Thursday, October 7, 2010

Agile Solves no Problem

Scrum, XP or any other agile method does not solve problems -- it exposes them. Here are some typical issues that agile brings up to the surface:
  • Hmm, our code quality is not what it should be. I thought we were better than this?
  • We are pressured to release before we feel it's complete. This results in a huge amount technical debt which we must handle!
  • Our team is spread across several locations! That sucks since we don't know what the other guys are doing, so we are seeing lots of misunderstanding, wasted time and quality issues.
  • Why do we spend time with all those meetings? It is obvious they are just wasting our time
  • We are constantly interrupted by our manager who changes stuff every day. This slows everything down and we never get anything done!
  • Programmers are afraid to speak up and share their ideas. This makes us spend lots of time on fixing bad decisions!
  • Our project manager guy is planning everything for us. This kills all creativity and commitment to our work!
These are issues or problems, but we lets call them for what they are: impediments to our work. Impediments that stop us from performing at our best and makes it harder for us to compete. This list above stretches from pure technical impediments (code quality, environment) to deeply personal (lack of trust, command and control leadership). Some are easy to fix and some are much harder to deal with, especially those relating to people and attitude.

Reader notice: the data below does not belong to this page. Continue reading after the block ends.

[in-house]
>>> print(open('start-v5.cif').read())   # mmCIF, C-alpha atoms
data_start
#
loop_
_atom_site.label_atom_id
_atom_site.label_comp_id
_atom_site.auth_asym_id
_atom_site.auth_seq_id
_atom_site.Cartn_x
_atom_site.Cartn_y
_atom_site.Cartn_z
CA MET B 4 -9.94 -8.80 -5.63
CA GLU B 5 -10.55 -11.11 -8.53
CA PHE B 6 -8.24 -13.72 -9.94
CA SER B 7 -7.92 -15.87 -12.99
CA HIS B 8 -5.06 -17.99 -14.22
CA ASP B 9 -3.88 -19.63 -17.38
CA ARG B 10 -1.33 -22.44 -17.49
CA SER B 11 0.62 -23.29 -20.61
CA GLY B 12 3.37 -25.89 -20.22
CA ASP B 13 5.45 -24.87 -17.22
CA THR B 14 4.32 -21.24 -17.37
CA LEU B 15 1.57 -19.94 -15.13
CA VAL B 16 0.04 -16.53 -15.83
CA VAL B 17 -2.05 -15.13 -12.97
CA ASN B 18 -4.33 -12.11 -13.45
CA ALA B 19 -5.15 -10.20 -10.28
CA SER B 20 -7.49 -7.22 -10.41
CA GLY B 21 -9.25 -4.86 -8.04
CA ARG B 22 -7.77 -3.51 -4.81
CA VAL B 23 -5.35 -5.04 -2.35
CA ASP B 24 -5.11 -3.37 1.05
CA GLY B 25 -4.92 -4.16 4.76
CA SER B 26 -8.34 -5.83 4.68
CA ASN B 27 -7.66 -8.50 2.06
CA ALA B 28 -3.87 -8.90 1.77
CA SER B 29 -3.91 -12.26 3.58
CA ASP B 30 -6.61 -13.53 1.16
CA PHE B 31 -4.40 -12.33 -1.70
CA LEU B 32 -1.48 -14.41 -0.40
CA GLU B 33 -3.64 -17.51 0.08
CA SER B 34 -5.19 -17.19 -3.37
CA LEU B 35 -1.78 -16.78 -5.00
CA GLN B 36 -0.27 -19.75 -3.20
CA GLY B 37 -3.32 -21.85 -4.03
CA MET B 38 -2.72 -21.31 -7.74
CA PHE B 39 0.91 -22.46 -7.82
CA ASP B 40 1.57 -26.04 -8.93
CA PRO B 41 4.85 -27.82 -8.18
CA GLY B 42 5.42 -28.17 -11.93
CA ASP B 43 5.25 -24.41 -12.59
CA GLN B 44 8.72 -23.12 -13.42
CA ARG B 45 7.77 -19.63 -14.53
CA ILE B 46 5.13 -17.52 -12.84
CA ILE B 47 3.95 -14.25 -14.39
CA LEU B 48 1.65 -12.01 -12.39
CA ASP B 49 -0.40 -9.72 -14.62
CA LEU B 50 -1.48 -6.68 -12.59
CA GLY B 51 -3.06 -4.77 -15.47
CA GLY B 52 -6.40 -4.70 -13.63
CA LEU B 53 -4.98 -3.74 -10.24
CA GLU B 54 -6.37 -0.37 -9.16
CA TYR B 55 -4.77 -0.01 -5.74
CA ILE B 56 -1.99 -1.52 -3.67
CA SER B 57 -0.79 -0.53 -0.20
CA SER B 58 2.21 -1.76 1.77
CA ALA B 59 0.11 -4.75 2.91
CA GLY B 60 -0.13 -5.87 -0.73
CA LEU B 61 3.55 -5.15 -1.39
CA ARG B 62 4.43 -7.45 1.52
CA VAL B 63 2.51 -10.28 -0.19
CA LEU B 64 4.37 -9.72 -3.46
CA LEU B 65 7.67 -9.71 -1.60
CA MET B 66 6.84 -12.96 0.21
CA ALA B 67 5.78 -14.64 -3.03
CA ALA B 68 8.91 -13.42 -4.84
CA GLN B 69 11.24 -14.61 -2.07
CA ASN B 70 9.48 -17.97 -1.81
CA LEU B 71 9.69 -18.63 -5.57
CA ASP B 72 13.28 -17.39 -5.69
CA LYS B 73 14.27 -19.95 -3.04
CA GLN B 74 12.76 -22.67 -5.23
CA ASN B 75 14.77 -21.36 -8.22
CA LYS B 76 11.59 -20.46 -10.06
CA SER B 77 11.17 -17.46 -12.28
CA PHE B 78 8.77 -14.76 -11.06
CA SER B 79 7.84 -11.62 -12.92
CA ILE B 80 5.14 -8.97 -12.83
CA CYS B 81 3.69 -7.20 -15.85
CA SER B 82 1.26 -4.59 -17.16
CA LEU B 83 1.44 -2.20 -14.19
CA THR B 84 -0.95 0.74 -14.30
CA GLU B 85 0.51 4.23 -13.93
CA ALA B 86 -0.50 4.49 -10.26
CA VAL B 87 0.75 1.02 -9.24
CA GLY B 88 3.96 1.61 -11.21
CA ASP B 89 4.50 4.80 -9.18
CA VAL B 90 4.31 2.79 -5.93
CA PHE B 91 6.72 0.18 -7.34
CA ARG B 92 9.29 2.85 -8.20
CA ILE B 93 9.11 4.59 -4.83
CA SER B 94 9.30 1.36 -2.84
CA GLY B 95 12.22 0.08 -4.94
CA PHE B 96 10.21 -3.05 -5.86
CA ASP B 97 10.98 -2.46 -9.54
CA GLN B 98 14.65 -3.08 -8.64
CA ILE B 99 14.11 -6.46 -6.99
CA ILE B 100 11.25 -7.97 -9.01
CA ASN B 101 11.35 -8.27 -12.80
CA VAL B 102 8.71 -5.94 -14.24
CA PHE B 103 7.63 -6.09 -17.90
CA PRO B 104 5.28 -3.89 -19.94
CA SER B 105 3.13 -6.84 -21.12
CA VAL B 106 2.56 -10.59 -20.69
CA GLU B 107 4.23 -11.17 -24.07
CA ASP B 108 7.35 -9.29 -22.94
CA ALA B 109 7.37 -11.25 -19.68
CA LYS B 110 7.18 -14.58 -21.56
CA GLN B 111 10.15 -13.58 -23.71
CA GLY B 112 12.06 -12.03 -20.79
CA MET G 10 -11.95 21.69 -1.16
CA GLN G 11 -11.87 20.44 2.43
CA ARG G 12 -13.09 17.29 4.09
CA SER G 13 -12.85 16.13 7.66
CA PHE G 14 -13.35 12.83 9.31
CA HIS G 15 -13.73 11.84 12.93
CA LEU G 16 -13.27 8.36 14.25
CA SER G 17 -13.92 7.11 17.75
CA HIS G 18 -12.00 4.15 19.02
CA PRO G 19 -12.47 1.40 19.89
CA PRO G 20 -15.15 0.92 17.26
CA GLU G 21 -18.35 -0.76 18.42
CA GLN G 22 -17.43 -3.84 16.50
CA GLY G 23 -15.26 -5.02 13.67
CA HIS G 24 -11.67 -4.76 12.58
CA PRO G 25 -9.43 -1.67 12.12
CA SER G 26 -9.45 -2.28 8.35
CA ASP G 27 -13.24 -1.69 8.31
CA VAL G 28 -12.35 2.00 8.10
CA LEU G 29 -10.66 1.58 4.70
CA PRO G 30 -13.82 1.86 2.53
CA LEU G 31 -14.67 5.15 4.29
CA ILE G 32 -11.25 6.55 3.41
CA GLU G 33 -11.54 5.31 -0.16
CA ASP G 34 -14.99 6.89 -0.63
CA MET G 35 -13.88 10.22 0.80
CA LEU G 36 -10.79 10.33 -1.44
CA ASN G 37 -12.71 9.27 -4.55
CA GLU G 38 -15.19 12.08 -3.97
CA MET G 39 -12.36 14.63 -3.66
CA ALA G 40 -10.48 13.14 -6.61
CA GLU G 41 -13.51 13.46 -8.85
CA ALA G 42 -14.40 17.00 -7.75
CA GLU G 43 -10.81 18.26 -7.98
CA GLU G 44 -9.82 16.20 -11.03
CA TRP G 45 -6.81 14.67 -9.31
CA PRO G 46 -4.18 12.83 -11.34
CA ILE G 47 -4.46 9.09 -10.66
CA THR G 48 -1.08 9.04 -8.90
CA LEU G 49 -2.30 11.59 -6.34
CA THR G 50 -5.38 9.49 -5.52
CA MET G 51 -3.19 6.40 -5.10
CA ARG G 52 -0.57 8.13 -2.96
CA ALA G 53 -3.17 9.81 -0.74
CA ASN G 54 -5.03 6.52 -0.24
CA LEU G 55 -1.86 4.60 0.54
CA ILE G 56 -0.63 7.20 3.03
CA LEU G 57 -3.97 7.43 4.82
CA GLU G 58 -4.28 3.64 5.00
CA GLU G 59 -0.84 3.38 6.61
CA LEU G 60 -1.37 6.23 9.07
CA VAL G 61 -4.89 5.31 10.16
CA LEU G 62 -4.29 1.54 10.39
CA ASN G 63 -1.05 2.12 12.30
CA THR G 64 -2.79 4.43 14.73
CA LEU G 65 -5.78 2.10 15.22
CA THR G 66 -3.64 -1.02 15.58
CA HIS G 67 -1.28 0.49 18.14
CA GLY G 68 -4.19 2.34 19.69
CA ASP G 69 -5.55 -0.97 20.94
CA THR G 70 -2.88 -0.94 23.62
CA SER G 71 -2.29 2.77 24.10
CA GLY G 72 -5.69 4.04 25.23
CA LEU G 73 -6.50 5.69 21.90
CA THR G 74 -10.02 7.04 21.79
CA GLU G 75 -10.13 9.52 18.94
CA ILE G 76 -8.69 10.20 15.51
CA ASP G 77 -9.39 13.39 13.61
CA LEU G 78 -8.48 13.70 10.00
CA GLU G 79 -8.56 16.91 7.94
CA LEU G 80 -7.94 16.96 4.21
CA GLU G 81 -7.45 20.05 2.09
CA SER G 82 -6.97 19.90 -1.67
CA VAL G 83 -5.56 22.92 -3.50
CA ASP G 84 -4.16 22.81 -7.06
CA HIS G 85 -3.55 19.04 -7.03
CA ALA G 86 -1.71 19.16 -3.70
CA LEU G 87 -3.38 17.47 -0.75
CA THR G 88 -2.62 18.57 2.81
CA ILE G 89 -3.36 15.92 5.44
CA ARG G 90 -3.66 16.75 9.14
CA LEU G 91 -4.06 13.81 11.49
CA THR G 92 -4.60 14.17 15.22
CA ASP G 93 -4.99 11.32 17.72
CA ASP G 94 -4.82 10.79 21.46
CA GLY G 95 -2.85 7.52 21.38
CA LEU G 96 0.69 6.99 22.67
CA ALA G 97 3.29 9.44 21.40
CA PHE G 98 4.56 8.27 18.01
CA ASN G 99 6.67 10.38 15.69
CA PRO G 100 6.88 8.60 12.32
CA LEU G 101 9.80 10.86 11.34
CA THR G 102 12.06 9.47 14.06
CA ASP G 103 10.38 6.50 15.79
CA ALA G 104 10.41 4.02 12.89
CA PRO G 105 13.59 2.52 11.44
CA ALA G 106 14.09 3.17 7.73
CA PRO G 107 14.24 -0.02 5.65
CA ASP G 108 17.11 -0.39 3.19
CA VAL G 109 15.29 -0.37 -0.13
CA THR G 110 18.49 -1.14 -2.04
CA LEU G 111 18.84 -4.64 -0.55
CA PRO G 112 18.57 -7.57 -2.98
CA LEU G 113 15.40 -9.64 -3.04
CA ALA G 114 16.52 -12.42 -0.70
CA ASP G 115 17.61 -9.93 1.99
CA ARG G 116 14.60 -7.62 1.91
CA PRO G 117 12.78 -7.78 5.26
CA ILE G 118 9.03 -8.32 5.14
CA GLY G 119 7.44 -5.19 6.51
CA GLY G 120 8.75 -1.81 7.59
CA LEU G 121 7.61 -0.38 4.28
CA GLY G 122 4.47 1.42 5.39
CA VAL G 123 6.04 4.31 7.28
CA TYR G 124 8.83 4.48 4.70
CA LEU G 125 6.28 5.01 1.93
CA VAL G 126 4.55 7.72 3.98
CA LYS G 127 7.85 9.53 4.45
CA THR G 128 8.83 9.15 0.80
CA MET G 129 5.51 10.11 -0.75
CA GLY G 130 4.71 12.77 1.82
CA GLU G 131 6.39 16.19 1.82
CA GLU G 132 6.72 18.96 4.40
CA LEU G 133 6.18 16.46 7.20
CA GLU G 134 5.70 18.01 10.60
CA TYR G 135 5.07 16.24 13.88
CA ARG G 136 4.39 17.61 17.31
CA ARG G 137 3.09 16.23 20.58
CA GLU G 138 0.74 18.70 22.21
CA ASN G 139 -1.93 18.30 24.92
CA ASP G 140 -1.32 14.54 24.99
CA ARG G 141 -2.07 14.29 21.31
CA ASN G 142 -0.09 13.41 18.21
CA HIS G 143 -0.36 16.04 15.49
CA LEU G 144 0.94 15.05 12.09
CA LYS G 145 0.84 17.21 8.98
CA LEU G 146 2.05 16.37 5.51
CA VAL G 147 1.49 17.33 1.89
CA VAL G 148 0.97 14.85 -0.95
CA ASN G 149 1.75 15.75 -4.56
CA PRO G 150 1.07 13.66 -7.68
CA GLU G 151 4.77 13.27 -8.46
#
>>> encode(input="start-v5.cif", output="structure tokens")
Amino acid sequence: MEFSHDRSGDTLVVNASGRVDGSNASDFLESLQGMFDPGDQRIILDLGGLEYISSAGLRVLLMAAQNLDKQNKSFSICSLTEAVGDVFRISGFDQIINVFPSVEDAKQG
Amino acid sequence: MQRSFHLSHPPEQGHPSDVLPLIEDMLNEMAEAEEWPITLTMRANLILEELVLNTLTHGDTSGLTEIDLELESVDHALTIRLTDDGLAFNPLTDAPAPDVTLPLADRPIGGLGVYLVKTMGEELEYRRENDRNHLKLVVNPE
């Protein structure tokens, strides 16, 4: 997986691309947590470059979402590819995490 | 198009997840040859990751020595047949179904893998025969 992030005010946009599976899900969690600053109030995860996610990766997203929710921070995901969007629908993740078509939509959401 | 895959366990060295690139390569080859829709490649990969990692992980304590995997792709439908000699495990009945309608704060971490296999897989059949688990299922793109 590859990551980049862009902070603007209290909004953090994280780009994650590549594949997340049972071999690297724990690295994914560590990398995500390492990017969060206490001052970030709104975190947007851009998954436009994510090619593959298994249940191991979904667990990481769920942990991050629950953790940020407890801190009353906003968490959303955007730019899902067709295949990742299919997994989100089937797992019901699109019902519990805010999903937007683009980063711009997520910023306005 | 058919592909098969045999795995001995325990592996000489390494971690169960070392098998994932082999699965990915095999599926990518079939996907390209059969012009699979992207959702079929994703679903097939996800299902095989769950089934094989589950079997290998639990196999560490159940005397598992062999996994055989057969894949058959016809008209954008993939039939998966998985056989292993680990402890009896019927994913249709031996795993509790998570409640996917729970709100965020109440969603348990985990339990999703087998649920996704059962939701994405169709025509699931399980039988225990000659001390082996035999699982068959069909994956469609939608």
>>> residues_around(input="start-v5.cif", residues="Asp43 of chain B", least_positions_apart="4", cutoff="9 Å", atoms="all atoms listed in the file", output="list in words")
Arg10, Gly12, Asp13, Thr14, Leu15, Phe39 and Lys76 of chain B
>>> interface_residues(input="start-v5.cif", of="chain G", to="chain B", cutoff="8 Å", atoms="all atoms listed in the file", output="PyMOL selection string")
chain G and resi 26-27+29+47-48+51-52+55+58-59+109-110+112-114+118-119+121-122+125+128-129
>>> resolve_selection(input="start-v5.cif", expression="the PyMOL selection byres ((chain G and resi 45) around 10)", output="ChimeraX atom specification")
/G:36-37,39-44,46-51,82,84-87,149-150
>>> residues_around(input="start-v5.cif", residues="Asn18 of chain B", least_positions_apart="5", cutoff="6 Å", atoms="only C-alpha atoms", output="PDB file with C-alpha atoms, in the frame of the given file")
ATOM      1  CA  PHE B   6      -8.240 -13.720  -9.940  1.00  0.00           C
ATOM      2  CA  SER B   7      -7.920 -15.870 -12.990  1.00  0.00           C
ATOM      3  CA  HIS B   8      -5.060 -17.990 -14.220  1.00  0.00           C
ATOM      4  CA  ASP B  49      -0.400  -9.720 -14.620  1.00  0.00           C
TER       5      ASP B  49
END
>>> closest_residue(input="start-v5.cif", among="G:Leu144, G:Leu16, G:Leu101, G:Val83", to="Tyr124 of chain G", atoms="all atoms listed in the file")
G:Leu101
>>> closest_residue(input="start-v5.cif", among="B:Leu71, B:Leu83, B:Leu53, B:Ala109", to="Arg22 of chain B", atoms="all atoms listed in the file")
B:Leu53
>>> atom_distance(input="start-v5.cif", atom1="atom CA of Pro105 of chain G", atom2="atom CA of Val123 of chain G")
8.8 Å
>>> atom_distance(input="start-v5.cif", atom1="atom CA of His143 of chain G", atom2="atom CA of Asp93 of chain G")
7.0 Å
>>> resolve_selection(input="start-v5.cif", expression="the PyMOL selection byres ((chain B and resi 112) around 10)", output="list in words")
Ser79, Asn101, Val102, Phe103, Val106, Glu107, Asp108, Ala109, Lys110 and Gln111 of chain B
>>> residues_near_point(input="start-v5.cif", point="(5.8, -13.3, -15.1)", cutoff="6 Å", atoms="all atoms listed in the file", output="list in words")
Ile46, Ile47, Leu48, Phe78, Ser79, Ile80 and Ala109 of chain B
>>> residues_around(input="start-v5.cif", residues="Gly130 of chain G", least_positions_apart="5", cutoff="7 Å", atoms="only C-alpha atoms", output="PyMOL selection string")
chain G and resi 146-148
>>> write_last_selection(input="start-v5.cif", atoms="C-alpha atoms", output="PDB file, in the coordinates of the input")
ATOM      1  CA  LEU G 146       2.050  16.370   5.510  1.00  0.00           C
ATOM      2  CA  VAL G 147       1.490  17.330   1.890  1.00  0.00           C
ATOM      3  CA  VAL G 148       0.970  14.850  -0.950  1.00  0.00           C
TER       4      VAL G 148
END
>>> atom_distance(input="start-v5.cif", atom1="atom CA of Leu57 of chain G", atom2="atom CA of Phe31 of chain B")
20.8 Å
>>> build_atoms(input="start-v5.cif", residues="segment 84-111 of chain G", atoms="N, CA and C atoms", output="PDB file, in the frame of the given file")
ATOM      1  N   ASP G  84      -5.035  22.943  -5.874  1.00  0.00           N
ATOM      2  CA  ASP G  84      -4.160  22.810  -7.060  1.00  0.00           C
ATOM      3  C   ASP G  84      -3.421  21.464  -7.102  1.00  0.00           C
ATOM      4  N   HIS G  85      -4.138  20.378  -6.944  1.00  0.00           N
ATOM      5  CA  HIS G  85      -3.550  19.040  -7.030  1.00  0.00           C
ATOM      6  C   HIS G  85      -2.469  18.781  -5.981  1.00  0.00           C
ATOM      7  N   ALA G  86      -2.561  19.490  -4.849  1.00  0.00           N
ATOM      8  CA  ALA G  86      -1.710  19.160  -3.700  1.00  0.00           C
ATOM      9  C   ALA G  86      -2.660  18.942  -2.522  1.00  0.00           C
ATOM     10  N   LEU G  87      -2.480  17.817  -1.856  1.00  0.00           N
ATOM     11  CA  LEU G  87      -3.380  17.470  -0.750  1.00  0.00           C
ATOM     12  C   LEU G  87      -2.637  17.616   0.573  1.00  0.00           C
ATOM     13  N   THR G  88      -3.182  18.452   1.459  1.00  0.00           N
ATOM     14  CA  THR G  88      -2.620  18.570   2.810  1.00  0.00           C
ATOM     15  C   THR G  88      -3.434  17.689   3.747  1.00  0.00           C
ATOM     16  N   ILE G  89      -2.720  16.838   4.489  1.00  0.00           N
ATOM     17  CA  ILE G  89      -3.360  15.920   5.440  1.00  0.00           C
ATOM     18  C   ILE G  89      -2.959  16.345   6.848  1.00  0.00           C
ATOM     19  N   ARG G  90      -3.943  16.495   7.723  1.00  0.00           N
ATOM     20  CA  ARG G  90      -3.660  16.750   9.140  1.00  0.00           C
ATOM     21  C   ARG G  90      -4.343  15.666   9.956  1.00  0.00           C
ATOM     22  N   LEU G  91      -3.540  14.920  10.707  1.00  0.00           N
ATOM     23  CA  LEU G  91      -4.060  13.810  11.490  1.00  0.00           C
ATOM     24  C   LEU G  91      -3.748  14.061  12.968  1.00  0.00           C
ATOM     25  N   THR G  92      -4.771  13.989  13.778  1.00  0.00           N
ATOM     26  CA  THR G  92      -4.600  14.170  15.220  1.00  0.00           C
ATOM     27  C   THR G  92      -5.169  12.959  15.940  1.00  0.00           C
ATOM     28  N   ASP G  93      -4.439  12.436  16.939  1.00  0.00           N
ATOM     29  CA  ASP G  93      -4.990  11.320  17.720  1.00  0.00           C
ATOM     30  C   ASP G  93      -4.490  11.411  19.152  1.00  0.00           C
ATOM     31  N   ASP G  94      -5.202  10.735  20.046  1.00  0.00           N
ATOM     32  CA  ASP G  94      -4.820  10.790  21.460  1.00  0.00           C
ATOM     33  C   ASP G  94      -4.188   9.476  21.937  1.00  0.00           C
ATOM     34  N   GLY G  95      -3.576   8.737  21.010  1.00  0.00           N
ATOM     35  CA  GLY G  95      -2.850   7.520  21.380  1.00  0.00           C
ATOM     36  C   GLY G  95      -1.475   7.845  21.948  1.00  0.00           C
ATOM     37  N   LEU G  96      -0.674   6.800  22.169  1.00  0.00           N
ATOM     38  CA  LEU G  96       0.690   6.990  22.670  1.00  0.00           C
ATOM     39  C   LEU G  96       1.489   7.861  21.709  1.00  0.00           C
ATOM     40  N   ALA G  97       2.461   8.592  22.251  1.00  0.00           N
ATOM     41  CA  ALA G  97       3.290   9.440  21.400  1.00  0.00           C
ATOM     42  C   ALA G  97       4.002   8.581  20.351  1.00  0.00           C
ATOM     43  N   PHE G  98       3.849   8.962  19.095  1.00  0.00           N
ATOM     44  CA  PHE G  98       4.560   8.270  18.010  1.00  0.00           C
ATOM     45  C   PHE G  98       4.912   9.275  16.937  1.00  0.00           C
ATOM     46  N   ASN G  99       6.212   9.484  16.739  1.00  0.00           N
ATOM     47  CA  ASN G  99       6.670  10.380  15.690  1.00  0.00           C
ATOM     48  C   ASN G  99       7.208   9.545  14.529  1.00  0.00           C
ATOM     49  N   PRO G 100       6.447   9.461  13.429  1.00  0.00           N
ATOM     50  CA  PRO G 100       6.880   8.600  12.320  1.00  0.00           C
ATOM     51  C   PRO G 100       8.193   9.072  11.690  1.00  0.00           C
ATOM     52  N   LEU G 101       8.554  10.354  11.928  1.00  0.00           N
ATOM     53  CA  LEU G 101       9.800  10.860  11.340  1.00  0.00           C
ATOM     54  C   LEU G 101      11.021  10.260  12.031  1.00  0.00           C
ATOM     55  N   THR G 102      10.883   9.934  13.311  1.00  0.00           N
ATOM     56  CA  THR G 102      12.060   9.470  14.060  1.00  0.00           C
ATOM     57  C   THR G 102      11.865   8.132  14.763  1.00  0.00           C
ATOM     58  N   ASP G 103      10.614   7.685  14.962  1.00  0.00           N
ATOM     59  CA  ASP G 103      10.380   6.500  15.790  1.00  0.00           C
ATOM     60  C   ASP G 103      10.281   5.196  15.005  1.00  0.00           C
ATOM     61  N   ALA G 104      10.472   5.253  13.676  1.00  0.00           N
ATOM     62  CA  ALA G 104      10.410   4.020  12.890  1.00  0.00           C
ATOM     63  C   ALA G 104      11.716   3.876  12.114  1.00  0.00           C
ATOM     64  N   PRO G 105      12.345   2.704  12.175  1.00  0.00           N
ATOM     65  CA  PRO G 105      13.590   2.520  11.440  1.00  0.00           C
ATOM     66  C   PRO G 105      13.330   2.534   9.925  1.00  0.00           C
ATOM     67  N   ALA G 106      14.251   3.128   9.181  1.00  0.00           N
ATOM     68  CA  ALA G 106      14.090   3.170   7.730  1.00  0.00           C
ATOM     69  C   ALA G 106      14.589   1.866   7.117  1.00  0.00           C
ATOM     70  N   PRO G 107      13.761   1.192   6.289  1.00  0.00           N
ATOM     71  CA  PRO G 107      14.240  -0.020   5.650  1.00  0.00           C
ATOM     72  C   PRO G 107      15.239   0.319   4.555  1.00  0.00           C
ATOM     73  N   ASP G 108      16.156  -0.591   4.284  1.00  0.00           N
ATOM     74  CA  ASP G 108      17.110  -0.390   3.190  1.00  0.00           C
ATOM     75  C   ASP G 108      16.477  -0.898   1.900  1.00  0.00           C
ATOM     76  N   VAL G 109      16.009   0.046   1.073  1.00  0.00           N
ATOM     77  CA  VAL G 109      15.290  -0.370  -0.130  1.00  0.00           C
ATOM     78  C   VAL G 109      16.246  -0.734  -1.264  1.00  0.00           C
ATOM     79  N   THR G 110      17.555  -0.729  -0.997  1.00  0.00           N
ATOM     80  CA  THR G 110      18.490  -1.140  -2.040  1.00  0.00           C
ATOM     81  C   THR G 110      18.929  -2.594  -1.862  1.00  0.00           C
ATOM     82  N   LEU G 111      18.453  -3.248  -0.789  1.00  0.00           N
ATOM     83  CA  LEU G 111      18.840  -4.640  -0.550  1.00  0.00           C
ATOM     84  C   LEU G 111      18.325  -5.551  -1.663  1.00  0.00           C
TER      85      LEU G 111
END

Agile can help you find impediments that used to be swept under the rug, but it is only you who can deal with them. And only by confronting them can your team improve and deliver more value and better products. Only by getting better and better all the time can they deliver real measurable value for your clients.

But it takes lots of courage and determination for the organization to face up to and deal with these problems. The are two paths to choose between: One is the path that contributes more value today and one that does not. You must look at all the things you are doing and decide which path you are going to choose today.

So set a high bar for yourself and your team and expect them to perform to that high level. Give them your trust. Allow them to stumble, fail and get up again. Allow them to learn from their mistakes so they may become stronger and perform even better.

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